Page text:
Steve Cochran plays the slick, debonair owner of a notorious gossip magazine who is anxious to break a big scandal to reverse a recent decline in sales. He zeroes in on children's ... See full summary »
Steve Cochran plays the slick, debonair owner of a notorious gossip magazine who is anxious to break a big scandal to reverse a recent decline in sales. He zeroes in on children's entertainer Van Johnson, a decent, stand-up guy who nonetheless has a secret in his past which would most likely end his suddenly flourishing television career if found out. Johnson can save himself and his wife Ann Blyth and son from disrepute if he "trades" Cochran damaging information he has about a popular movie actress he knew while growing up in a tough neighborhood years ago. Does he save himself and let her career be sacrificed? His decision leads to tragedy. Written by
Although the movie is titled Slander, there is no evidence that any of the characters were actually a victim of that crime, which refers to a malicious false statement. From all evidence, all of the stories, particularly that of the hero, presented in the scandal magazine were true. See more »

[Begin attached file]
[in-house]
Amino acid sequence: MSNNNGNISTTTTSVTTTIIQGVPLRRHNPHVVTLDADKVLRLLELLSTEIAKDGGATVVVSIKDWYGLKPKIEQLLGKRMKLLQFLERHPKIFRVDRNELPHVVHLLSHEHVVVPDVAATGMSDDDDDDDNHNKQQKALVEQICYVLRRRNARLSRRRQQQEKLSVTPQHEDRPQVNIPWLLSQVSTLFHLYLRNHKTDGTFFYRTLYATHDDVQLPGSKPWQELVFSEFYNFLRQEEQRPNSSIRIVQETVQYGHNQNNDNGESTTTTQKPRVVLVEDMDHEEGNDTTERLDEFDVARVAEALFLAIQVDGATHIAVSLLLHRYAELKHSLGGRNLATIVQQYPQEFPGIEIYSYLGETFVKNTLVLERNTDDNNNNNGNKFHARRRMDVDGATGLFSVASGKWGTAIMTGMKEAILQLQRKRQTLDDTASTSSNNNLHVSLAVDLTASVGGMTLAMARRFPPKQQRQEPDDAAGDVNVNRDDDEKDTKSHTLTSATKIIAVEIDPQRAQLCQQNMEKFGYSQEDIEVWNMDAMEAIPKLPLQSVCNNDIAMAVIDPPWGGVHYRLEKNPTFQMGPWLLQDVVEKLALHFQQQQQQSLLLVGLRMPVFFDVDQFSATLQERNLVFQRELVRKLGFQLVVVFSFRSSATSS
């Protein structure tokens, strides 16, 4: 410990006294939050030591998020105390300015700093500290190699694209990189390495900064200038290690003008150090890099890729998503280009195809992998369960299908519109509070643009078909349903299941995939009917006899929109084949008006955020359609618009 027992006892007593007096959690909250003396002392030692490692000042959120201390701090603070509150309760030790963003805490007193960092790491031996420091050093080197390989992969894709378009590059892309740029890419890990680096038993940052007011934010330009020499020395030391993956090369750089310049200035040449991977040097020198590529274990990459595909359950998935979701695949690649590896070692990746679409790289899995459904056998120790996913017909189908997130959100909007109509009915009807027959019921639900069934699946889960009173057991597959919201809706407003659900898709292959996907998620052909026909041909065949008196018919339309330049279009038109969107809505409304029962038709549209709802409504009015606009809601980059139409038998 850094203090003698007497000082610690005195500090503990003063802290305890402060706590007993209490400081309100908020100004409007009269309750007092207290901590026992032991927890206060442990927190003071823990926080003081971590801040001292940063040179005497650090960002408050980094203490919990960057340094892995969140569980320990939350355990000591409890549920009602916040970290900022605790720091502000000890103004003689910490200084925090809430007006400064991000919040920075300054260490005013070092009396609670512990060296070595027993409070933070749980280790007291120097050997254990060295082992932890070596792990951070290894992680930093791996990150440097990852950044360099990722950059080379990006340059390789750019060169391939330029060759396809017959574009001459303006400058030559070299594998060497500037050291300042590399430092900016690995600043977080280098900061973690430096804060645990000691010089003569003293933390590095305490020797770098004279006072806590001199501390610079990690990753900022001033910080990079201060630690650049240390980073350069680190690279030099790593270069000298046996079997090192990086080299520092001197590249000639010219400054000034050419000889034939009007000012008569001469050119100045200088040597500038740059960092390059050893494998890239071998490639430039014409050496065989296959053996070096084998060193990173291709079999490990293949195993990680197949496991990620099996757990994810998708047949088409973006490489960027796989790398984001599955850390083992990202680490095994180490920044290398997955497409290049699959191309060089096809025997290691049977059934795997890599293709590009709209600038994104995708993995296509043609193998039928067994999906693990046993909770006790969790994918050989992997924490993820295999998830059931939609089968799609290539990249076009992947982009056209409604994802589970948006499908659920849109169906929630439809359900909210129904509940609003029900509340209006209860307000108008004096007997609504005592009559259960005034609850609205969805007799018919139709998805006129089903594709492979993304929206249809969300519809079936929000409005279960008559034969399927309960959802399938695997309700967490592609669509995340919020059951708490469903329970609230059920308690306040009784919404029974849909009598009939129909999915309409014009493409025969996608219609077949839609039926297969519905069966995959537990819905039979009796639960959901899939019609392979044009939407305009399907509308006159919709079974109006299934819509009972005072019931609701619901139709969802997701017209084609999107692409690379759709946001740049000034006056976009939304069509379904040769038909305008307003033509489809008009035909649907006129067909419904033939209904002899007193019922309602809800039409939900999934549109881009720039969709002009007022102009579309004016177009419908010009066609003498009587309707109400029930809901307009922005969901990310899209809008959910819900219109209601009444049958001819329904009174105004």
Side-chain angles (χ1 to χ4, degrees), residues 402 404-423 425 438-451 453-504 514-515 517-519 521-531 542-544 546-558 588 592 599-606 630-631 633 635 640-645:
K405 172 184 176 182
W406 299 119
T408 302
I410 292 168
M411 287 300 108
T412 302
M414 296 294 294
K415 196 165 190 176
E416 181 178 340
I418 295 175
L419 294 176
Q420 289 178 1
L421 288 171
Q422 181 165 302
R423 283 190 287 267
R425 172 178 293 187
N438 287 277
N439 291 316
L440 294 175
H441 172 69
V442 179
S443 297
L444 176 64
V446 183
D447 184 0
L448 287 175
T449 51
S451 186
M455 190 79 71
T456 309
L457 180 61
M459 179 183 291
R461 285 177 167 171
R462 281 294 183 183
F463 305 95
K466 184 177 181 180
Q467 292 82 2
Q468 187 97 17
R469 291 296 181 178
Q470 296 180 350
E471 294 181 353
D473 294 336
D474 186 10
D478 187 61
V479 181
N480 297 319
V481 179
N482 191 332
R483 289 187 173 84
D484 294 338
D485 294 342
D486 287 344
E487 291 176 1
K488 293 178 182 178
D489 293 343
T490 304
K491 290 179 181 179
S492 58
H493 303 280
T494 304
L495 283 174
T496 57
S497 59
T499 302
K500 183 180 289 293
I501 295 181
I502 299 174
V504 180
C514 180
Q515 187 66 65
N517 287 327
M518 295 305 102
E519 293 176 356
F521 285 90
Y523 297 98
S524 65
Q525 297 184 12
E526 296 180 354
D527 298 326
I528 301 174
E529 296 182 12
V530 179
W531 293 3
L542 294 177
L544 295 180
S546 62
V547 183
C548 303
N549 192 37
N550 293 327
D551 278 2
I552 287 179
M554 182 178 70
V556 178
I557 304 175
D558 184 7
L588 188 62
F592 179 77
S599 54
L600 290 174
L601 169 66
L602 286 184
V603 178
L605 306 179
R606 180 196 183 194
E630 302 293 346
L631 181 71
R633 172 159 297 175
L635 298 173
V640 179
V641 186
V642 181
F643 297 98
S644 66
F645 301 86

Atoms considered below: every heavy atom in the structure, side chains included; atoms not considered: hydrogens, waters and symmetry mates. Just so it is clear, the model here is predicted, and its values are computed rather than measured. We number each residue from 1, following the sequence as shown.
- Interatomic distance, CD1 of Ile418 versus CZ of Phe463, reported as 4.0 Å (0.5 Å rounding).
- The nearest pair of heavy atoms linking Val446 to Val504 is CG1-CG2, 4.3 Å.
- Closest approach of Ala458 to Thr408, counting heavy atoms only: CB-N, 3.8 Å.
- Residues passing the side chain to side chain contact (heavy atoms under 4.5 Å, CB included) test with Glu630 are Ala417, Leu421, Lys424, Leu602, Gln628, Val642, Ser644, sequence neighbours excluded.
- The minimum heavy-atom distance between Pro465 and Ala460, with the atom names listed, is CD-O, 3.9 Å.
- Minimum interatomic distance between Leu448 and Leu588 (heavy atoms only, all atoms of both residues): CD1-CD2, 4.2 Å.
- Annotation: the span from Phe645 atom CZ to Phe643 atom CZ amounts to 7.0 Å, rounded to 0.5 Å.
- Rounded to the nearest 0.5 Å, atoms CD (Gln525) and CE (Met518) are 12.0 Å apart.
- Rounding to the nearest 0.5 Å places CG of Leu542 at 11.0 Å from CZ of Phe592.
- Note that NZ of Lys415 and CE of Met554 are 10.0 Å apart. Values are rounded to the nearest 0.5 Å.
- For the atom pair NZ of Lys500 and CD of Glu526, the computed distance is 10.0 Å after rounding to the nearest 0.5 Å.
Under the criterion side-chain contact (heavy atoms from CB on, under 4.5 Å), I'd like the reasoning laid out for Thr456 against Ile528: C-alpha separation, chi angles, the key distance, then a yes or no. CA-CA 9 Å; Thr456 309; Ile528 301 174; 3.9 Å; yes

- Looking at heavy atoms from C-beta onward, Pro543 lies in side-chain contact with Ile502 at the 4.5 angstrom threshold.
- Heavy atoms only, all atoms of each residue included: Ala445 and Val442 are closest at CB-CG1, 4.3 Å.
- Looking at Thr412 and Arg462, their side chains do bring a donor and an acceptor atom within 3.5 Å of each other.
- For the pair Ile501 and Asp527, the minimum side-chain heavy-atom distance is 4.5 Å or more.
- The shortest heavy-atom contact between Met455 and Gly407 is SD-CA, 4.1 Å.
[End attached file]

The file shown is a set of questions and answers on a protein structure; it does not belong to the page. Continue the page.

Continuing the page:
Opening credits are shown over gossip magazines coming towards the camera. When they are gone, the remaining credits are shown in a puddle of black ink. See more »
Saw this on TCM yesterday (thank you TCM for unearthing so many great little unknown movies) and was riveted from beginning to end, all the more so, because it's suddenly so relevant with the whole News o/t World debacle going on at present. I liked the fact that the suspense hinged on an ethical dilemma and was excellently acted by all, even Van Johnson, who is one of my least favorite actors, was convincing. Impressive was Steve Cochran, whom so far I have only seen in "pretty boy" roles and proves to be an actor of a lot more depth and gravitas. I agree with some of the statements that the ending was rather melodramatic and for me rather unsatisfying the way it played out. I wanted to see our villain suffer much more for his misdeeds (or I would have given it a 10 out 10). Particularly noticeable was the very natural acting of the young actor, who played Van Johnson's & Ann Blyth's son, whereas most young actors of the old Hollywood days relied mostly on cute posturing and almost rote delivery of their lines. Catch it when it plays again on TCM
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